"Hush, Cadenette!"

"Monsieur le Baron, we _ci-devants_ can say that to each other."

"So you are a _ci-devant_?"

"To the core! In what style shall I dress M. le Baron's hair?"

"Dog's ears, and tied up behind."

"With a dash of powder?"

"Two, if you like, Cadenette."

"Ah! monsieur, when one thinks that for five years I was the only man who had an atom of powder '_à la maréchale_.' Why, Monsieur le Baron, a man was guillotined for owning a box of powder!"

"I've known people who were guillotined for less than that, Cadenette. But explain how you happen to be a _ci-devant_. I like to understand everything."

"It's very simple, Monsieur le Baron. You admit, don't you, that among the guilds there were some that were more or less aristocratic."

"Beyond doubt; accordingly as they were nearer to the higher classes of society."

"That's it, Monsieur le Baron. Well, we had the higher classes by the hair of their head. I, such as you see me, I have dressed Madame de Polignac's hair; my father dressed Madame du Barry's; my grandfather, Madame de Pompadour's. We had our privileges, Monsieur; we carried swords. It is true, to avoid the accidents that were liable to crop up among hotheads like ourselves, our swords were usually of wood; but at any rate, if they were not the actual thing, they were very good imitations. Yes, Monsieur le Baron," continued Cadenette with a sigh, "those days were the good days, not only for the wig-makers, but for all France. We were in all the secrets, all the intrigues; nothing was hidden from us. And there is no known instance, Monsieur le Baron, of a wig-maker betraying a secret. Just look at our poor queen; to whom did she trust her diamonds? To the great, the illustrious Leonard, the prince of wig-makers. Well, Monsieur le Baron, two men alone overthrew the scaffolding of a power that rested on the wigs of Louis XIV., the puffs of the Regency, the frizettes of Louis-XV., and the cushions of Marie Antoinette."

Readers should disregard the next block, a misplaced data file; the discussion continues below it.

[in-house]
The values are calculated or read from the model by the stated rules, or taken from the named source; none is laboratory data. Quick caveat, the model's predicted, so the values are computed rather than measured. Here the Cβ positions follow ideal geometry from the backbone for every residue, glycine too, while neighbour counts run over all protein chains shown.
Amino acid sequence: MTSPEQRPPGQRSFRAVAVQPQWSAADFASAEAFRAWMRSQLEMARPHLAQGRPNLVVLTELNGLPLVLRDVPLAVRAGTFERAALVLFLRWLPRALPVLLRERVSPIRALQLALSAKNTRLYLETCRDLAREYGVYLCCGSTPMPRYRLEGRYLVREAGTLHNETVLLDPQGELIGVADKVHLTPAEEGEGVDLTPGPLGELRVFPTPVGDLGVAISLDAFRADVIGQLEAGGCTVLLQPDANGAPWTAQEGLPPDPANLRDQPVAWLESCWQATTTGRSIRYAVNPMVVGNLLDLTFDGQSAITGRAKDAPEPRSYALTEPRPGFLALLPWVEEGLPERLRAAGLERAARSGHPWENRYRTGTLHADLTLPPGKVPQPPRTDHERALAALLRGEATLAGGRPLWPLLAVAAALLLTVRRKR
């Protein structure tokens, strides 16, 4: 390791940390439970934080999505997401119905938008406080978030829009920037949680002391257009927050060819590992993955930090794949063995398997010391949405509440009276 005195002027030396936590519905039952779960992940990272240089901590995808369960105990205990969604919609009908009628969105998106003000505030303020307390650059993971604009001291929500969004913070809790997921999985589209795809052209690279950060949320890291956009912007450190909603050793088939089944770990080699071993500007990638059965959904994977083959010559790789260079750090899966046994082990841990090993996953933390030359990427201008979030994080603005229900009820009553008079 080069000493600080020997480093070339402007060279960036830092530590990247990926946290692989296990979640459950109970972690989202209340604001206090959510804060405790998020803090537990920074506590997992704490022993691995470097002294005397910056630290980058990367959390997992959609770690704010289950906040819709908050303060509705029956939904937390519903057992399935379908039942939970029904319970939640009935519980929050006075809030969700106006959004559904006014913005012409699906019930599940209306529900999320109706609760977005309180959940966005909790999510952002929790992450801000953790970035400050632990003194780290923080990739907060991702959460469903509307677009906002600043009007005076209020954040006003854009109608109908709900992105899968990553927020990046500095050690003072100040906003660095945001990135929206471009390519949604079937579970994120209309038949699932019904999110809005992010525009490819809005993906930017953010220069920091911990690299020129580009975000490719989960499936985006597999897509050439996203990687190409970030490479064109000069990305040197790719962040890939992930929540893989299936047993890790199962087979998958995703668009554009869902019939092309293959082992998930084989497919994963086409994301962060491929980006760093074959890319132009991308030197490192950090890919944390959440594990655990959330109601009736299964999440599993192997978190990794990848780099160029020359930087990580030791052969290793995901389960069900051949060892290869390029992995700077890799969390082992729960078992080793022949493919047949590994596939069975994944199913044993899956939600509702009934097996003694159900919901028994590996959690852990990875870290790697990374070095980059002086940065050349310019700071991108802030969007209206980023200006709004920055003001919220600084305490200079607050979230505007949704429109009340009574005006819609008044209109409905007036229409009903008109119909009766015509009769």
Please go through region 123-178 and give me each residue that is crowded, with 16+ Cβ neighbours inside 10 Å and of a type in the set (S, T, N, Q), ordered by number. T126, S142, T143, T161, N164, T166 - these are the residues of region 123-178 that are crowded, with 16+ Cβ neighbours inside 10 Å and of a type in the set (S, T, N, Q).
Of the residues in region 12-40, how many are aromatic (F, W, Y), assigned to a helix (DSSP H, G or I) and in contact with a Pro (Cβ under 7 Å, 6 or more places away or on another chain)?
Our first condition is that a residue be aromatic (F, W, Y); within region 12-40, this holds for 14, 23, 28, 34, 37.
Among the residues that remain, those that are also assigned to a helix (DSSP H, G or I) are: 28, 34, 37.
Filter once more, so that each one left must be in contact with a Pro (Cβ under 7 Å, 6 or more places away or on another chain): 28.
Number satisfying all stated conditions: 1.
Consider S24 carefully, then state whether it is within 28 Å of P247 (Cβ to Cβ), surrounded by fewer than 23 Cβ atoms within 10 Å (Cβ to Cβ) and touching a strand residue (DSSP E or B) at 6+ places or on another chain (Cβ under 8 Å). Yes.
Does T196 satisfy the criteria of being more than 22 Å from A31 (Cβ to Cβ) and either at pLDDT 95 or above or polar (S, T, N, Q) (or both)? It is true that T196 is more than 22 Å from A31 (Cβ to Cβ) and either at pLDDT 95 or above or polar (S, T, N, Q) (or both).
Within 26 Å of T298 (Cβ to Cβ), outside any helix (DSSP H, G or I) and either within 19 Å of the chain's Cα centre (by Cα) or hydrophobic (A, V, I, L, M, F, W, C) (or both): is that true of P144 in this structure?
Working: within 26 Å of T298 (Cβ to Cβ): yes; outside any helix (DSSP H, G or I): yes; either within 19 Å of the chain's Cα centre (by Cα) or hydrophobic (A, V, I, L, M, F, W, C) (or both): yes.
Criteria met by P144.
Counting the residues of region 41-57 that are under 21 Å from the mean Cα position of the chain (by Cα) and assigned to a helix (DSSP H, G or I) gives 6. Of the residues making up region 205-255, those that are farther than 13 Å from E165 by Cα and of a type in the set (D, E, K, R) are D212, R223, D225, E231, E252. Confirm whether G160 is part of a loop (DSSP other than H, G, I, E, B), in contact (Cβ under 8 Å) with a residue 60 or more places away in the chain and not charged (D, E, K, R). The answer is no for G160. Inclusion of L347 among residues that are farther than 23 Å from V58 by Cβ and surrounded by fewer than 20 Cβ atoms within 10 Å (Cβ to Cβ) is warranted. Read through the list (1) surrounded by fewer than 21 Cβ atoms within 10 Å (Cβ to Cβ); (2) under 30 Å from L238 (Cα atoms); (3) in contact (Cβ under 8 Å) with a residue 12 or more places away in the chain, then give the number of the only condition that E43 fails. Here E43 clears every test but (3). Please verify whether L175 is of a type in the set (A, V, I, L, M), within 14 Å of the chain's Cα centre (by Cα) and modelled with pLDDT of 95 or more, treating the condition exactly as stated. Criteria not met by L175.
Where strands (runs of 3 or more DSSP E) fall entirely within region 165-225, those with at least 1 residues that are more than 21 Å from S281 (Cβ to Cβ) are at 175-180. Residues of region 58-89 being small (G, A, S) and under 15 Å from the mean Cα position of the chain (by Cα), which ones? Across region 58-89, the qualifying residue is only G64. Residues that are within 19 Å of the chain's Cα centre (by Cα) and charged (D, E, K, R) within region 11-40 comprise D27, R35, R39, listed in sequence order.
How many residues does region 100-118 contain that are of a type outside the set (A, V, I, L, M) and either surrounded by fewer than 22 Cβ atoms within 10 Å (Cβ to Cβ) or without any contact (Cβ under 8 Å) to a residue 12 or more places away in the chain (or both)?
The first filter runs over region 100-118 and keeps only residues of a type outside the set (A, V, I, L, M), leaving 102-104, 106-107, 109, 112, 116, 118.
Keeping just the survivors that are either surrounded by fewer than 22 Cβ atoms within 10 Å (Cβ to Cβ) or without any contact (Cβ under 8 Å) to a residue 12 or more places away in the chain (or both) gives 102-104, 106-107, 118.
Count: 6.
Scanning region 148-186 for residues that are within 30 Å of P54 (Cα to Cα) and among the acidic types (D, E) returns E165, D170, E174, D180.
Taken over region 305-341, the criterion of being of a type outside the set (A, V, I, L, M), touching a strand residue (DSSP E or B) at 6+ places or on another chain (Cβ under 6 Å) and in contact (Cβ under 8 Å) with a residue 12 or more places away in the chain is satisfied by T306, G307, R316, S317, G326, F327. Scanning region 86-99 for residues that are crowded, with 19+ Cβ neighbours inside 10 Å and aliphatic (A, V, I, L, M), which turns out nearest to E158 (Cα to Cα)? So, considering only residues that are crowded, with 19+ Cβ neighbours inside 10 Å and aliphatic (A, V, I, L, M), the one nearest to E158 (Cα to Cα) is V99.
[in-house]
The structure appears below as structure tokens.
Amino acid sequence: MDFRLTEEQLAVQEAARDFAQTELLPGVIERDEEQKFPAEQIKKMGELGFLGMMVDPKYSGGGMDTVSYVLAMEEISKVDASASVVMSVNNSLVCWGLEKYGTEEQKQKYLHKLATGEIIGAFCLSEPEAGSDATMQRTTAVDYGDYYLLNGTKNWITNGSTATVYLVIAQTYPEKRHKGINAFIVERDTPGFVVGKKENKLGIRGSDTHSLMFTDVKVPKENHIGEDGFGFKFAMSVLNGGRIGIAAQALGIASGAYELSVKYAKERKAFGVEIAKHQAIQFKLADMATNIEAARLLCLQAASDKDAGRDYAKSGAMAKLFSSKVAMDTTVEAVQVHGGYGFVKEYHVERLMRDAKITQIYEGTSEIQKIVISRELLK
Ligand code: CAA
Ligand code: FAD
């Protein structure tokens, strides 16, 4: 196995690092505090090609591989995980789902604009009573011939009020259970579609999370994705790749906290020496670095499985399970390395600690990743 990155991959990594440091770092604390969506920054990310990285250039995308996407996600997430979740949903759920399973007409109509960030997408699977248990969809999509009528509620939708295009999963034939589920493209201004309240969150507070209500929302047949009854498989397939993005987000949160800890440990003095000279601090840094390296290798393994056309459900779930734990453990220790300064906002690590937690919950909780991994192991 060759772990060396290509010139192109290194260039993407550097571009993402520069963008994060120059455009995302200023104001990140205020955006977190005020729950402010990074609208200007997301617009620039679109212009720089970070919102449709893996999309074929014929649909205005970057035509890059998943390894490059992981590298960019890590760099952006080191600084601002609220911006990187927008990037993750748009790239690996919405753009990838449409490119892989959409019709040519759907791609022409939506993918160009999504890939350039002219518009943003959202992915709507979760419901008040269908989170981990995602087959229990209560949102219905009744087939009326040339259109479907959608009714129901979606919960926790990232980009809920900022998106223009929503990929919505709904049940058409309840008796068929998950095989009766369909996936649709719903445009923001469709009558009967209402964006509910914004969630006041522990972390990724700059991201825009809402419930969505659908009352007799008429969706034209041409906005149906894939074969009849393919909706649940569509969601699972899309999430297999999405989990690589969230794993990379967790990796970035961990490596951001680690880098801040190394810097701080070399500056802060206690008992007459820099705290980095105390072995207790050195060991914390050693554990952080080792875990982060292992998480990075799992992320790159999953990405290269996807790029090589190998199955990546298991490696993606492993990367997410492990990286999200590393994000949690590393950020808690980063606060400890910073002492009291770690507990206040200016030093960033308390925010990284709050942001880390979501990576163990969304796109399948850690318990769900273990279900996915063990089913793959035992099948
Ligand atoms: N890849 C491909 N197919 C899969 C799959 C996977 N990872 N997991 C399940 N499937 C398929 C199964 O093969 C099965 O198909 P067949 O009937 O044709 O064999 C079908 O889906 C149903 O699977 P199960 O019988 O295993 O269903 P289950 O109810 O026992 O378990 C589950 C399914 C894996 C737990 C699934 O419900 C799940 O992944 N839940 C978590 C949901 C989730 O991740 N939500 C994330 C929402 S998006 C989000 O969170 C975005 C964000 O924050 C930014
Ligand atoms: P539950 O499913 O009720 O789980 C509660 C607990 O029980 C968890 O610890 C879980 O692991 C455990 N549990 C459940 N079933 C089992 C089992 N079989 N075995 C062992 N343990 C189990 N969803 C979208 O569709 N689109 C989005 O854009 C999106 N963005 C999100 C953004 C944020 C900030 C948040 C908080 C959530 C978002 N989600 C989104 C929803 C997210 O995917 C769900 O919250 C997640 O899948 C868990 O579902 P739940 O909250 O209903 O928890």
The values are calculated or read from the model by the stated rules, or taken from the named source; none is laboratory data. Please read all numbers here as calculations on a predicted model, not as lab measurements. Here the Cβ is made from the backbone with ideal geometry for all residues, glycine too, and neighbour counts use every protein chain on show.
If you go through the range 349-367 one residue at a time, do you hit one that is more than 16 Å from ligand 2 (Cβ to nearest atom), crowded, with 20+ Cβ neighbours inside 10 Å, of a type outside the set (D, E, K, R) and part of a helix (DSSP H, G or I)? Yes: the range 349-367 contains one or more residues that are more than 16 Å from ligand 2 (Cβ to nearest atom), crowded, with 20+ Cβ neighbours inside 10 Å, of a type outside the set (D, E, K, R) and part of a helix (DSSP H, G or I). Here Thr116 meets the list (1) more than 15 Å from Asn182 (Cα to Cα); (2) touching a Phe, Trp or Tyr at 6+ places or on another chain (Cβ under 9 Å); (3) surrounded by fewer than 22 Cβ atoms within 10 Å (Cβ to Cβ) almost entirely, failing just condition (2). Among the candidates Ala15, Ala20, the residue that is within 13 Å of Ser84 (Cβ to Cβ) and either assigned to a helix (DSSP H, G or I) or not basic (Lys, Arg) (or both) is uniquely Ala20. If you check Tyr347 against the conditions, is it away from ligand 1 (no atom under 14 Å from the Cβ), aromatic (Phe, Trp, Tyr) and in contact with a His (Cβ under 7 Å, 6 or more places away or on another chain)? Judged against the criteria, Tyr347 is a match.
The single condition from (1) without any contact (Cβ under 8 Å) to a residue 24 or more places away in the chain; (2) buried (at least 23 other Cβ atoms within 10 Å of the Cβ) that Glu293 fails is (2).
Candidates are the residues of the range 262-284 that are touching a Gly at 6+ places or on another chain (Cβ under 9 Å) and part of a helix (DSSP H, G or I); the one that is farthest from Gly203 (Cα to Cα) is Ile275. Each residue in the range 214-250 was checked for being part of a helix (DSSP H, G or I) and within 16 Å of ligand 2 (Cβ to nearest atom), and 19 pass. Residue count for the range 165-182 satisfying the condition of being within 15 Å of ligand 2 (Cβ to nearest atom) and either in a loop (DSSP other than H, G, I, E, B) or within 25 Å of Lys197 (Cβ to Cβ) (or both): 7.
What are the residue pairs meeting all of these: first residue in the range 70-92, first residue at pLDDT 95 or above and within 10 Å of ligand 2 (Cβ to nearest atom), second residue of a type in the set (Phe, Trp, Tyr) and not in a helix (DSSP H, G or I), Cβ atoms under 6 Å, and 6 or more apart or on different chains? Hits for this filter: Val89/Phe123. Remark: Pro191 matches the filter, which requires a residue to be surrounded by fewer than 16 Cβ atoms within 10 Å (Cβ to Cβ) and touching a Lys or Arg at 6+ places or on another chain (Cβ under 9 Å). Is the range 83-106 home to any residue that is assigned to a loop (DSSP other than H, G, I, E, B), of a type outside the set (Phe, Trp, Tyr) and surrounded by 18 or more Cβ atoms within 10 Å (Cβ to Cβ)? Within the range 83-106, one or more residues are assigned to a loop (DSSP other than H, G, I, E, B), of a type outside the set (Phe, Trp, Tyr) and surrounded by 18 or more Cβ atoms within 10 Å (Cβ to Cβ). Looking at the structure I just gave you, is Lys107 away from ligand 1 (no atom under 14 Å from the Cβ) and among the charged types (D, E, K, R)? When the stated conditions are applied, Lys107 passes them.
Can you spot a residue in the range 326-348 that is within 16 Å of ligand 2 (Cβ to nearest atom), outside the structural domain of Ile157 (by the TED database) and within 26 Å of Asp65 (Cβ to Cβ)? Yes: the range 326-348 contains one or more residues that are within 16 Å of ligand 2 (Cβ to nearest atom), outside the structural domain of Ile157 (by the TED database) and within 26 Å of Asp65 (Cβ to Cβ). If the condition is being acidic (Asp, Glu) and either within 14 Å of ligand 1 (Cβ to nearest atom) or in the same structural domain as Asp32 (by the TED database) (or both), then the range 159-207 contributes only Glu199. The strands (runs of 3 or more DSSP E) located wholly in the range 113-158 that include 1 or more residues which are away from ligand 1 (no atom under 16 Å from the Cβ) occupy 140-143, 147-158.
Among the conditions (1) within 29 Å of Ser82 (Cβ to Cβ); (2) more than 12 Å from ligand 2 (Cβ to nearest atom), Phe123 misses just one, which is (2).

"And those two men, those levellers, those two revolutionaries, who were they, Cadenette? that I may doom them, so far as it lies in my power, to public execration."

"M. Rousseau and citizen Talma: Monsieur Rousseau who said that absurdity, 'We must return to Nature,' and citizen Talma, who invented the Titus head-dress."

"That's true, Cadenette; that's true."

"When the Directory came in there was a moment's hope. M. Barras never gave up powder, and citizen Moulins stuck to his queue. But, you see, the 18th Brumaire has knocked it all down; how could any one friz Bonaparte's hair! Ah! there," continued Cadenette, puffing out the dog's ears of his client--"there's aristocratic hair for you, soft and fine as silk, and takes the tongs so well one would think you wore a wig. See, Monsieur le Baron, you wanted to be as handsome as Adonis! Ah! if Venus had seen you, it's not of Adonis that Mars would have been jealous!"

And Cadenette, now at the end of his labors and satisfied with the result, presented a hand-mirror to Morgan, who examined himself complacently.

"Come, come!" he said to the wig-maker, "you are certainly an artist, my dear fellow! Remember this style, for if ever they cut off my head I shall choose to have it dressed like that, for there will probably be women at my execution."

"And M. le Baron wants them to regret him," said the wig-maker gravely.